Monday, March 17, 2008

TV Victories & Real Victories

In a world where things can go wrong very quickly, those living in modern industrial societies--whose power is highly dependent on inputs from the whole globe--need to think carefully about what kind of future they want. In a word, what constitutes “success?”

For those of you in such a society, ask yourselves simply what you want. Does “defeating” someone get you what you want? What if defeating an opponent entails provoking a wave of terrorist attacks that would never have occurred if the opponent had been allowed to survive? What if defeating an opponent entails the collapse of the economy that makes your lives so comfortable even though sufficient resources were available for both you and your opponent? Will you be satisfied with your victory in the midst of terrorist attacks and depression?

Politicians would have you focus on military victories because an industrial society can achieve a short-term military victory any time it so desires. A building can be destroyed at will and the results effectively displayed on TV as needed to support a politician’s claim to power. Look your child in the eye over dinner tonight and ask yourself (or your child, if over the age of five) exactly what you have gained by the day’s bombing that would have been lost if a compromise had been achieved.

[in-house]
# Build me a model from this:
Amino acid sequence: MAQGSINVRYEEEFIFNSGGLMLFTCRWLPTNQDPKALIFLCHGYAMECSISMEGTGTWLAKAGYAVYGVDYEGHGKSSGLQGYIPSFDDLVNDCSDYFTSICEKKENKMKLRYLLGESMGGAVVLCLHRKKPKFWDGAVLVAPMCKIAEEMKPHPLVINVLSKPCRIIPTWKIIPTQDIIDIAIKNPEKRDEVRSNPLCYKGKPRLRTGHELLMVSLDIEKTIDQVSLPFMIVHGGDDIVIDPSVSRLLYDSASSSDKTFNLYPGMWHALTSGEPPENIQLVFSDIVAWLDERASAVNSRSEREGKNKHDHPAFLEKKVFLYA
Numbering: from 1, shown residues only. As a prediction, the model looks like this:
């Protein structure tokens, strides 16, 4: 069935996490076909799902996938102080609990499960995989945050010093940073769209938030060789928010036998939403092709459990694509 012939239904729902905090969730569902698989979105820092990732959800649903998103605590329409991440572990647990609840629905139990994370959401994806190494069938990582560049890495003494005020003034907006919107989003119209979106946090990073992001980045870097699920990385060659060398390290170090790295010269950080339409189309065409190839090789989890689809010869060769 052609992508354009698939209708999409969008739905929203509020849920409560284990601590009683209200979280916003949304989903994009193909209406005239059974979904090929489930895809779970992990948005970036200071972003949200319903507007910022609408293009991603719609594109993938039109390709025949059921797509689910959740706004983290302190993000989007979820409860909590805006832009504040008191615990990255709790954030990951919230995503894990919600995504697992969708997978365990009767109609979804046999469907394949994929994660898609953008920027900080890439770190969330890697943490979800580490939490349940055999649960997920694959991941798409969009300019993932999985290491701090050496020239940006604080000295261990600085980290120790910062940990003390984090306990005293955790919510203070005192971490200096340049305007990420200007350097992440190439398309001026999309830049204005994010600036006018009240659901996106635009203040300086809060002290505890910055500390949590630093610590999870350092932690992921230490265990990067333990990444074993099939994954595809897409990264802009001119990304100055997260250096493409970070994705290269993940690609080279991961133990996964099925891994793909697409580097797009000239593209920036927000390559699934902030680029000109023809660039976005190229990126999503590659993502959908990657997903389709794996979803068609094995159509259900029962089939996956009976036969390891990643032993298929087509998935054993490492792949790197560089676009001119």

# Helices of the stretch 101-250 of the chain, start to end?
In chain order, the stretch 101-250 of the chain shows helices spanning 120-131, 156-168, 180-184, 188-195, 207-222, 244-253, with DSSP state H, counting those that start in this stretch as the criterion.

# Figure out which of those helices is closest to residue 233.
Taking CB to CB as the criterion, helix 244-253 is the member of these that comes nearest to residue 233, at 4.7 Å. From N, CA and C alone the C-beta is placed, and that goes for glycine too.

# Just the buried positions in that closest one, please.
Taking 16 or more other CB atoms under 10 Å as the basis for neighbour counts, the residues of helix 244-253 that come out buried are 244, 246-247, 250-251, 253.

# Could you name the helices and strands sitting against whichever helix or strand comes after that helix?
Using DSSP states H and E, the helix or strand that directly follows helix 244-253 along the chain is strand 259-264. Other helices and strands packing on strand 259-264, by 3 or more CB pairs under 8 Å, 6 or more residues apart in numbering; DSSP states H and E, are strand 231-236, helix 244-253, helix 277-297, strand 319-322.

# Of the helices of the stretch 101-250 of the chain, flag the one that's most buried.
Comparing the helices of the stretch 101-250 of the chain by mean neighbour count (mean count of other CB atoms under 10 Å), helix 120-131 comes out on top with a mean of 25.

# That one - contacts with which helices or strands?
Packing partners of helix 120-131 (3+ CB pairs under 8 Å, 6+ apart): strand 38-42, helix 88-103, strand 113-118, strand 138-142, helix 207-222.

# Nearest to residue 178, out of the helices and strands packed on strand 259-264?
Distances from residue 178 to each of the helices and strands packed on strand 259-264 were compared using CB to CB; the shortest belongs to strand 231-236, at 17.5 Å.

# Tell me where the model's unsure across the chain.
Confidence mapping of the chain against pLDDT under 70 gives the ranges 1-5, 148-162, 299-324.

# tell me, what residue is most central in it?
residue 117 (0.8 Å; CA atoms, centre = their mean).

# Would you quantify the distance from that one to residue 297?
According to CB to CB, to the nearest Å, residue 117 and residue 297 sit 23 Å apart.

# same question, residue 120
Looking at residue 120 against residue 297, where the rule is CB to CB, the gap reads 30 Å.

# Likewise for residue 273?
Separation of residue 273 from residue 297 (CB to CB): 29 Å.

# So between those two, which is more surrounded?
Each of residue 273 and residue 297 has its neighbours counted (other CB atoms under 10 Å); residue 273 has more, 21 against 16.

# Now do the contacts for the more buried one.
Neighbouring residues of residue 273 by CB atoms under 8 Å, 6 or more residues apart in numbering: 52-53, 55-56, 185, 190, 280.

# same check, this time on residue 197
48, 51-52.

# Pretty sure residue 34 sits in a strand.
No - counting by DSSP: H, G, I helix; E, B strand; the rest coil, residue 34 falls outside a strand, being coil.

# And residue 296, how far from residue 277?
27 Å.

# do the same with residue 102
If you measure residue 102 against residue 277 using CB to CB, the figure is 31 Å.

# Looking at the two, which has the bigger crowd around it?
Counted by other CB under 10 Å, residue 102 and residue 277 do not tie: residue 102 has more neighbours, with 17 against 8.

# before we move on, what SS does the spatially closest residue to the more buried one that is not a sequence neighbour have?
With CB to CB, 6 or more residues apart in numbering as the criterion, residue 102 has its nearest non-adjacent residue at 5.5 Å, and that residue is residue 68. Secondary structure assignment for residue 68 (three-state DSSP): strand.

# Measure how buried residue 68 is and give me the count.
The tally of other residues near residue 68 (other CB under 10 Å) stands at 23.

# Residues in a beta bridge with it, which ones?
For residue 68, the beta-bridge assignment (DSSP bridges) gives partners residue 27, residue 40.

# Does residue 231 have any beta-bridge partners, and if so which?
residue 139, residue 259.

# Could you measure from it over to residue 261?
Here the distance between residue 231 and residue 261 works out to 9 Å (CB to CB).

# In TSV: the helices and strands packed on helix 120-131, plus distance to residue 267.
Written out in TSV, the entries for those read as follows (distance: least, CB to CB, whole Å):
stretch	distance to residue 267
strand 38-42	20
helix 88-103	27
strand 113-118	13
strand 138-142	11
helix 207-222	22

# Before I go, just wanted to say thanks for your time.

There is no need to ask what you have lost by the day’s victory: you have lost money and security: money because the little dramatic daily victories shown on TV are expensive and security because every bombing angers far more people than it kills. Every one of those bombings means that you have more enemies than before. Now, once more, what have you gained?

Of course, it may be the case that a particular victory or string of victories does in fact gain you some measure of security that makes the cost worthwhile. There will always be someone willing to assert that such is the case. Legion are those who profit from such small victories. Distinguishing the victories that truly help from those that make matters worse is difficult. Those little flashy military victories may help get you what you want or may impede your getting what you want. (I am assuming you want such dull middle class things as security, steady economic growth, a peaceful place to raise a family; if, in contrast, you are looking for high returns on your military-industrial stock options, your calculations will differ.) I am not arguing that all military victories are counterproductive—just that such victories, no matter how impressive on TV, cannot be assumed to bring you any closer to your goals.

You can be sure of only one thing: every flashy military victory is expensive and produces blowback. Can you, in the privacy of your own living room, figure out which victories were worth the price and which were disagreements that could much more beneficially (for you) been handled in a different way? Probably not, but you can apply some common sense.
  • Real victories lead to victory. If the victories seem endless but success never comes, then there was probably a more effective way.
  • Wars end. If the war never ends and this year’s progress report starts sounding all too familiar, then maybe there hasn’t been any progress.
  • Money is spent to buy something. If the cost keeps rising, then maybe the point of the war is just what it appears to be: an excuse to spend all that money just for the sake of spending it—without buying anything.

Logic is very useful. Most folks, if they stop to think about it, can tell when they are being conned. So…stop and think about it.

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